The History and Topographical Survey of the County of Kent: Volume 3. Originally published by W Bristow, Canterbury, 1797.
This free content was digitised by double rekeying. All rights reserved.
THE LATH OF AYLESFORD
IS SITUATED THE
NEXT EASTWARD FROM THAT OF SUTTON,
And is so called in the Record of Domesday:
IT CONTAINS THE FOLLOWING HUNDREDS:
IV. CHATHAM AND GILLINGHAM.
XI. BRENCHLEY AND HORSMONDEN.
XII. LITTLE BARNFIELD,
ALSO THE LOWY OF TUNBRIDGE, THE CITY OF ROCHESTER, AND THE KING's TOWN OF MAIDSTONE;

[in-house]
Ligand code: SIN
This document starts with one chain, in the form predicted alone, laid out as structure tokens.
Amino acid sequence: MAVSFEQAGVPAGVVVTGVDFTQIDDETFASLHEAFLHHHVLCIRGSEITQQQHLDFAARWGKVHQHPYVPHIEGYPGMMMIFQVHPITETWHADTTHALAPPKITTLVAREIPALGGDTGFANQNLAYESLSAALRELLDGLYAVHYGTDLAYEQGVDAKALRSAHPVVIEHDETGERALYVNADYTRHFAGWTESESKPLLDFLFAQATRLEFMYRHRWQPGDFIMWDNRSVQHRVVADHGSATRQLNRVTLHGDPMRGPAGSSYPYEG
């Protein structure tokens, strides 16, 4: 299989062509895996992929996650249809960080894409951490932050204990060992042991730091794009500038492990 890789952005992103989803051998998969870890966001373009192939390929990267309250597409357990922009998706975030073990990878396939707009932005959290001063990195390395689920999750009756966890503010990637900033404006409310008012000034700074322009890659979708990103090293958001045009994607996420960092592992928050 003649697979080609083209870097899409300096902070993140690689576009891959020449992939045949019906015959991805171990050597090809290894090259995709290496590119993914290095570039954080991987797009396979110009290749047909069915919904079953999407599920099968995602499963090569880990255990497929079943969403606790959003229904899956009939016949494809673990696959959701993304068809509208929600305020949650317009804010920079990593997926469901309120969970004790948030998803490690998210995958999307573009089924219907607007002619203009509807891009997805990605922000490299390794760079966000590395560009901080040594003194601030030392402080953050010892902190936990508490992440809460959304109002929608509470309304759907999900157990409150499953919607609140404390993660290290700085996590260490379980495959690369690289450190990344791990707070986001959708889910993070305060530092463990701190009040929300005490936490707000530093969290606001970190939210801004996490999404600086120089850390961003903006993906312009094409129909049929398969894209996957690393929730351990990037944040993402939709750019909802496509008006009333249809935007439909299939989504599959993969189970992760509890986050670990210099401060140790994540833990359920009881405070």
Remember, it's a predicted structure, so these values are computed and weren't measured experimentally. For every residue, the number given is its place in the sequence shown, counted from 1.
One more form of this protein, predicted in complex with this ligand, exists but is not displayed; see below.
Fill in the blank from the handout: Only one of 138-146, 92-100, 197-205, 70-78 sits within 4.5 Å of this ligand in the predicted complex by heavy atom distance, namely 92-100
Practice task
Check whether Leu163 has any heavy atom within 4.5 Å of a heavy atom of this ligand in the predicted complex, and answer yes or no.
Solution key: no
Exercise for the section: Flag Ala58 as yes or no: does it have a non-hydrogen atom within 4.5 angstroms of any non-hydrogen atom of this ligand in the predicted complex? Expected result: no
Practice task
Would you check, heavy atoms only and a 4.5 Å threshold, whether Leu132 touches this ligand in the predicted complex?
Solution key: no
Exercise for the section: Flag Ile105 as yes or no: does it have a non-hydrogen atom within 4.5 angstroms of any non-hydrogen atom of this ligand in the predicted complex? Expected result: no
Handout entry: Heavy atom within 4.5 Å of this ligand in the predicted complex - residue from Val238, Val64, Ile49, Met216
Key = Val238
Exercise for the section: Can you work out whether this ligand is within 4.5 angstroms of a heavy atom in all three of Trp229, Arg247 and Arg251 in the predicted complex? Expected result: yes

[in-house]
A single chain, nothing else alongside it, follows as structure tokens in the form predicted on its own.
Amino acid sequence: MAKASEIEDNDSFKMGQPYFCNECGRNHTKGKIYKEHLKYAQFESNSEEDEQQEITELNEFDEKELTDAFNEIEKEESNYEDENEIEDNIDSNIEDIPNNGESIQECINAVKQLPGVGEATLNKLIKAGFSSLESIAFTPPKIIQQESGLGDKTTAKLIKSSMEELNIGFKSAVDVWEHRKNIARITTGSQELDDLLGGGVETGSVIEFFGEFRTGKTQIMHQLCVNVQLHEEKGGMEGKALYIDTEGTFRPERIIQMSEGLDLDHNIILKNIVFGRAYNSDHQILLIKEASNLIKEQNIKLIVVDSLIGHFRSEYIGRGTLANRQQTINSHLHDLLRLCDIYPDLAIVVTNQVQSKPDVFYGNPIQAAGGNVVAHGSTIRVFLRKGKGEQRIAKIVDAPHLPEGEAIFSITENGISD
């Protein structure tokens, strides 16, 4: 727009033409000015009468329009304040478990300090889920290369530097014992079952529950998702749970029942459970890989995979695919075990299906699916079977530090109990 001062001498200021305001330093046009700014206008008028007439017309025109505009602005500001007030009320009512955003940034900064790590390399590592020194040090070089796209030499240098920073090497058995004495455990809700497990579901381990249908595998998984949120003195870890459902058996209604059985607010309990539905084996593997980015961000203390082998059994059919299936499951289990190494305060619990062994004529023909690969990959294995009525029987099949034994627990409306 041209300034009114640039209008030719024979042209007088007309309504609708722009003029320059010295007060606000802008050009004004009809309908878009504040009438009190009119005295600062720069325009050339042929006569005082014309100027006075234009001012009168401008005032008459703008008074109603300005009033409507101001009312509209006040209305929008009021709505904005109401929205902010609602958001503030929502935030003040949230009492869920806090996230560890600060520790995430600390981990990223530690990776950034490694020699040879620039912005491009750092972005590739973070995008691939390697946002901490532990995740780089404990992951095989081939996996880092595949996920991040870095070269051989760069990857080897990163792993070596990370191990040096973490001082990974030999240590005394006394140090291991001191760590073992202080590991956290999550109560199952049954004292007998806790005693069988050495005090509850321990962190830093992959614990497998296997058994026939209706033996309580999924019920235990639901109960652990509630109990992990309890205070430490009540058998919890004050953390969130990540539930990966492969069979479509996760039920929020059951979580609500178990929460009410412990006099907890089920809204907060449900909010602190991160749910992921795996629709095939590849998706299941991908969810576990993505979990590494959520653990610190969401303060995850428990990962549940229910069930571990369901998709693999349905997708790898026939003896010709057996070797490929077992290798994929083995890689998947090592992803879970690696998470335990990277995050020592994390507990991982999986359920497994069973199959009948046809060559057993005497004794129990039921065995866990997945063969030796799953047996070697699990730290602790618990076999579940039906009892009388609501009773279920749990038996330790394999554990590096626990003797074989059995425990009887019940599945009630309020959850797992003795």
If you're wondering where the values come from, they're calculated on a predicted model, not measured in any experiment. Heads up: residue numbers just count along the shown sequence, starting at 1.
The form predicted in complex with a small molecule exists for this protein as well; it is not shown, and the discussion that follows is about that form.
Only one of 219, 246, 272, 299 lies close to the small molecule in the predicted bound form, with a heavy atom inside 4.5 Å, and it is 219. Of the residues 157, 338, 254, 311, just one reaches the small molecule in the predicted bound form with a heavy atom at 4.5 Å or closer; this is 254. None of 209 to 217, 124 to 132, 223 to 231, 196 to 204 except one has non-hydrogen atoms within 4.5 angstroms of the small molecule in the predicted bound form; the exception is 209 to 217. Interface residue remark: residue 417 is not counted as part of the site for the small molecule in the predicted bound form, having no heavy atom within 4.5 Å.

AND THE LIBERTIES BELONGING TO THEM.
THE HUNDRED OF TOLTINGTROW.
THIS hundred is called, in some antient writings, Toltetern and Tollentr, and in Domesday, Tollentru.—In the return made of the several knights fees throughout England, by inquisition into the exchequer, in the 7th year of king Edward I. the archbishop of Canterbury appears to have been then lord of this hundred.
In the 20th year of king Edward III. on the levying forty shillings on every knight's fee, this hundred answered for four knights fees and an half.
IT HAS THESE PARISHES WITHIN ITS BOUNDS: